by Steve Westerman

Wharfedale Naturalists Society

LOOKING forward to spring: A little while ago, I walked up to the top of Ilkley Moor. It was uplifting to see the new season getting underway. During winter months the moor can be very quiet. Of course, red grouse are there year-round, but with the beginnings of spring, diversity was increasing: Toads were at the upper tarn, stonechats near Rocky Valley, and meadow pipits scattered around. Small numbers of curlews were on the higher levels, along with skylarks, and a large flock of golden plovers.

Fast forward and Coronavirus is dominating everyone’s thinking. Understandably, the government advice/requirements on maintaining social distance have become progressively more stringent. So, for much of the day most of us are confined to our homes. With certain provisos, it is still acceptable to go out once-a-day for exercise, presumably because of the beneficial effects on physical and mental wellbeing. Now is perhaps a good time also to consider the positive effects that engaging with nature can have.

Many academic studies have investigated this - with reasonable agreement that there are beneficial outcomes – including reduced stress and improved mood – but much less consensus on how these come about. It may be, for example, that the scale of the natural environment helps us to put our concerns into different perspective. Perhaps, over millennia, we have become ‘hard-wired’ to appreciate certain aesthetics in nature. One theory proposes that nature captures our attention in a way that is different from our usual effortful concentration on day-to-day issues, and this enables us to recharge our mental ‘batteries’. More recently it has been suggested these effects are enhanced if our attention is purposefully directed to nature. Perhaps this is why wildlife photography is enjoyable for many people – it makes nature a particular focus of attention. Of course, nature is full of intriguing stories and puzzles, many ‘hidden worlds’, that may also provide a welcome distraction from worries.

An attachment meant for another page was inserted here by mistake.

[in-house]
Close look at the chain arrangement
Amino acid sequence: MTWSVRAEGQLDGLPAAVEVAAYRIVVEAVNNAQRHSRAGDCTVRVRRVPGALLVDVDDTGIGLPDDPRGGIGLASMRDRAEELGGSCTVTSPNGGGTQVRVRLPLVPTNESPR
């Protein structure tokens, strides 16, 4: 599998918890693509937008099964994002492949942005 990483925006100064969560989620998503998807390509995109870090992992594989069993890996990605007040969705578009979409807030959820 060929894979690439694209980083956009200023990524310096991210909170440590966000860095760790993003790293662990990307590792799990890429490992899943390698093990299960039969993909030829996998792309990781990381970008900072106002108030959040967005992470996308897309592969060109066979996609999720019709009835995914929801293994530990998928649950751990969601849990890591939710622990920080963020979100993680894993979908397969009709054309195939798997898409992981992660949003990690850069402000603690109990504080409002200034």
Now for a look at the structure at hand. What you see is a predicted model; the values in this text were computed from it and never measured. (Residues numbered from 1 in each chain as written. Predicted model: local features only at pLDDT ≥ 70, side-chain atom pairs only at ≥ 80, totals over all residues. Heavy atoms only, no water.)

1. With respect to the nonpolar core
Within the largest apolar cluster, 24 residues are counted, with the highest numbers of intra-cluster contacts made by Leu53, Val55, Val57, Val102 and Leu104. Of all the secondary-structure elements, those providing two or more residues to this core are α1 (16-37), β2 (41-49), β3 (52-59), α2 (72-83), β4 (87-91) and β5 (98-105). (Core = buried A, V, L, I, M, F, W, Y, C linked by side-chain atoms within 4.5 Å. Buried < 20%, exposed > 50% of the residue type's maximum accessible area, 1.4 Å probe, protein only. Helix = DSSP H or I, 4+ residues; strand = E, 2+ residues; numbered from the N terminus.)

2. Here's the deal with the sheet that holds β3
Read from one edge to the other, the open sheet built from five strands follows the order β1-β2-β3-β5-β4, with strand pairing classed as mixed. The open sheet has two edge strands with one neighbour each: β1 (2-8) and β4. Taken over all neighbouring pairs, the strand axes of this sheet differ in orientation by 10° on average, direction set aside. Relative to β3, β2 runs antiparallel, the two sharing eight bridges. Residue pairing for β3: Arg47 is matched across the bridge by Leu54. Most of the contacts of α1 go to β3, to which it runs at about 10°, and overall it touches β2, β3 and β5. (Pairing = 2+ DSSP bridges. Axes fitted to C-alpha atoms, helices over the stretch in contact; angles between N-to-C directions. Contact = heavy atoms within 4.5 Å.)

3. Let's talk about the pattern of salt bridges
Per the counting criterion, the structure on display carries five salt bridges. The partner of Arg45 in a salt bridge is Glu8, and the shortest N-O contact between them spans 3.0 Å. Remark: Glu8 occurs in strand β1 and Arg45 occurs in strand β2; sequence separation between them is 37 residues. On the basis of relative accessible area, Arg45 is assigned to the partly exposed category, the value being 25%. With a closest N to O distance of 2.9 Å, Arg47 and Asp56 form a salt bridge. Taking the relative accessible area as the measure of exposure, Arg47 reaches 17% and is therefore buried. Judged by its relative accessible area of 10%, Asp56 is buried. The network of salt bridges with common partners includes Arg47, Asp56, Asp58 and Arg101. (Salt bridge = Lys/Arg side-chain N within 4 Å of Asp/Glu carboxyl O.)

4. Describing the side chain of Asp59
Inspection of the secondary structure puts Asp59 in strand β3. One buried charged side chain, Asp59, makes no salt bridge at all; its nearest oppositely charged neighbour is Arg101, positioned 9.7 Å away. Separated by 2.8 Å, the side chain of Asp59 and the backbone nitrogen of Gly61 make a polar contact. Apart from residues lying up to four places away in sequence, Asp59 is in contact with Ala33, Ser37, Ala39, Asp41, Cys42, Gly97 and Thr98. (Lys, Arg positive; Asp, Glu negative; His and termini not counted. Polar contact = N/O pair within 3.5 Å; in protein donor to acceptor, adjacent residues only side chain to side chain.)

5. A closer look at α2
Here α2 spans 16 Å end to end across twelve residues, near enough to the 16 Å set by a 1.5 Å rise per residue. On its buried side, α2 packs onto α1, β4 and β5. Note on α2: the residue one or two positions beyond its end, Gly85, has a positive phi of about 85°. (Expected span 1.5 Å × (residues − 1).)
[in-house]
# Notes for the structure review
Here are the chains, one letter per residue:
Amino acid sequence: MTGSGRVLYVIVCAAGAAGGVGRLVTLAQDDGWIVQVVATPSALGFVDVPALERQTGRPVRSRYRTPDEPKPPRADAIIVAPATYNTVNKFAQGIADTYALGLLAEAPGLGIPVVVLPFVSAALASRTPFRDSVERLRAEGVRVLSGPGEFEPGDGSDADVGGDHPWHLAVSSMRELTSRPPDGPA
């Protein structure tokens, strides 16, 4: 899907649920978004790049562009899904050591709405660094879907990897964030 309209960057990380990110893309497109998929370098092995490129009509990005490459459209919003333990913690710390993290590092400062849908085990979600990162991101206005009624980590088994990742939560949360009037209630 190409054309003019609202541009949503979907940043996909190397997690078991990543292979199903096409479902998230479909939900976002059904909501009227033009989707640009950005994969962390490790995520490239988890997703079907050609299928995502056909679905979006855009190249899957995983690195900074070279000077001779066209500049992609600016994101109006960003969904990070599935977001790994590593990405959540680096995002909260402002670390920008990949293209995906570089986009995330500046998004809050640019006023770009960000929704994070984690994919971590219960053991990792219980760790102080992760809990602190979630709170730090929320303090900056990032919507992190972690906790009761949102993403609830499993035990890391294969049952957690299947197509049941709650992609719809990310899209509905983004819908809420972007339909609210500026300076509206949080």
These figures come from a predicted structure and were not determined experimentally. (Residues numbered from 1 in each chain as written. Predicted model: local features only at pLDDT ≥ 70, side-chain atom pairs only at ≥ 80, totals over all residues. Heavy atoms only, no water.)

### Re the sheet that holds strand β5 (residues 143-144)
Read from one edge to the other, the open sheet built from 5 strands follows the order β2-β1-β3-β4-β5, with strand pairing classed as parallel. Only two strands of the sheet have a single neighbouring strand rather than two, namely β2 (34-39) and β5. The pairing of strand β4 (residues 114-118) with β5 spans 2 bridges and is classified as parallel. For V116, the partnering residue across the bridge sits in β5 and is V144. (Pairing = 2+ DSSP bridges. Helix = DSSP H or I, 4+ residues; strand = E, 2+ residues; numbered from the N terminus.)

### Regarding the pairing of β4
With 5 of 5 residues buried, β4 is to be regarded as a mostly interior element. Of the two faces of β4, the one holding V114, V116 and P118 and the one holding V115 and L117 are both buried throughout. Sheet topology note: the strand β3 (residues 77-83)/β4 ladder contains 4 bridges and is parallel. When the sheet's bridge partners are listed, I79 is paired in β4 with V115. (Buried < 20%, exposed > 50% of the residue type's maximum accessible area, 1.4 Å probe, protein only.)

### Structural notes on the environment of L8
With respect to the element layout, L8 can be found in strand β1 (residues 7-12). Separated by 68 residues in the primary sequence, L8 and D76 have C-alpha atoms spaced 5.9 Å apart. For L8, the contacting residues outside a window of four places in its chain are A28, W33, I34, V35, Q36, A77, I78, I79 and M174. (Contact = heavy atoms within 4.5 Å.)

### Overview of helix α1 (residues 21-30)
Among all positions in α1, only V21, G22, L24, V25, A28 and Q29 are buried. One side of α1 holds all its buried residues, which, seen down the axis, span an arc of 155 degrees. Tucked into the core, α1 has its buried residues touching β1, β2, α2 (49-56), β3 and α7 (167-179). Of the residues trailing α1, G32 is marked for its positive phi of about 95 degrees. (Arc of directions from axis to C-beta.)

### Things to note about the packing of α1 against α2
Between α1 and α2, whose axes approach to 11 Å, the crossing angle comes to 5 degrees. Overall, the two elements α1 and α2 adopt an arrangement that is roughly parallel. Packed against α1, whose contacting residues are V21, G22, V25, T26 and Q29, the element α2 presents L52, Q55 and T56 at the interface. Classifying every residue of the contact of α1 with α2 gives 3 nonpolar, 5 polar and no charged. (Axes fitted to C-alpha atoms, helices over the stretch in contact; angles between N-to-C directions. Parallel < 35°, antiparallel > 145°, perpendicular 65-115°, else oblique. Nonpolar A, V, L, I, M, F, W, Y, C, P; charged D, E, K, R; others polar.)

So, what better time to direct our attention to nature? The current restrictions may limit our options but, depending on individual circumstances, we could spend some time each day focusing on countryside vistas, the birds or insects in our garden, or the plants on the windowsill. Of course, for Wharfedale Naturalists Society members it is still possible to use this to generate observations for the recorders!

At the moment things may be difficult or, for some, perhaps worse. However, as was apparent from my walk on the moor, nature shows that after even the worst winter eventually the spring arrives.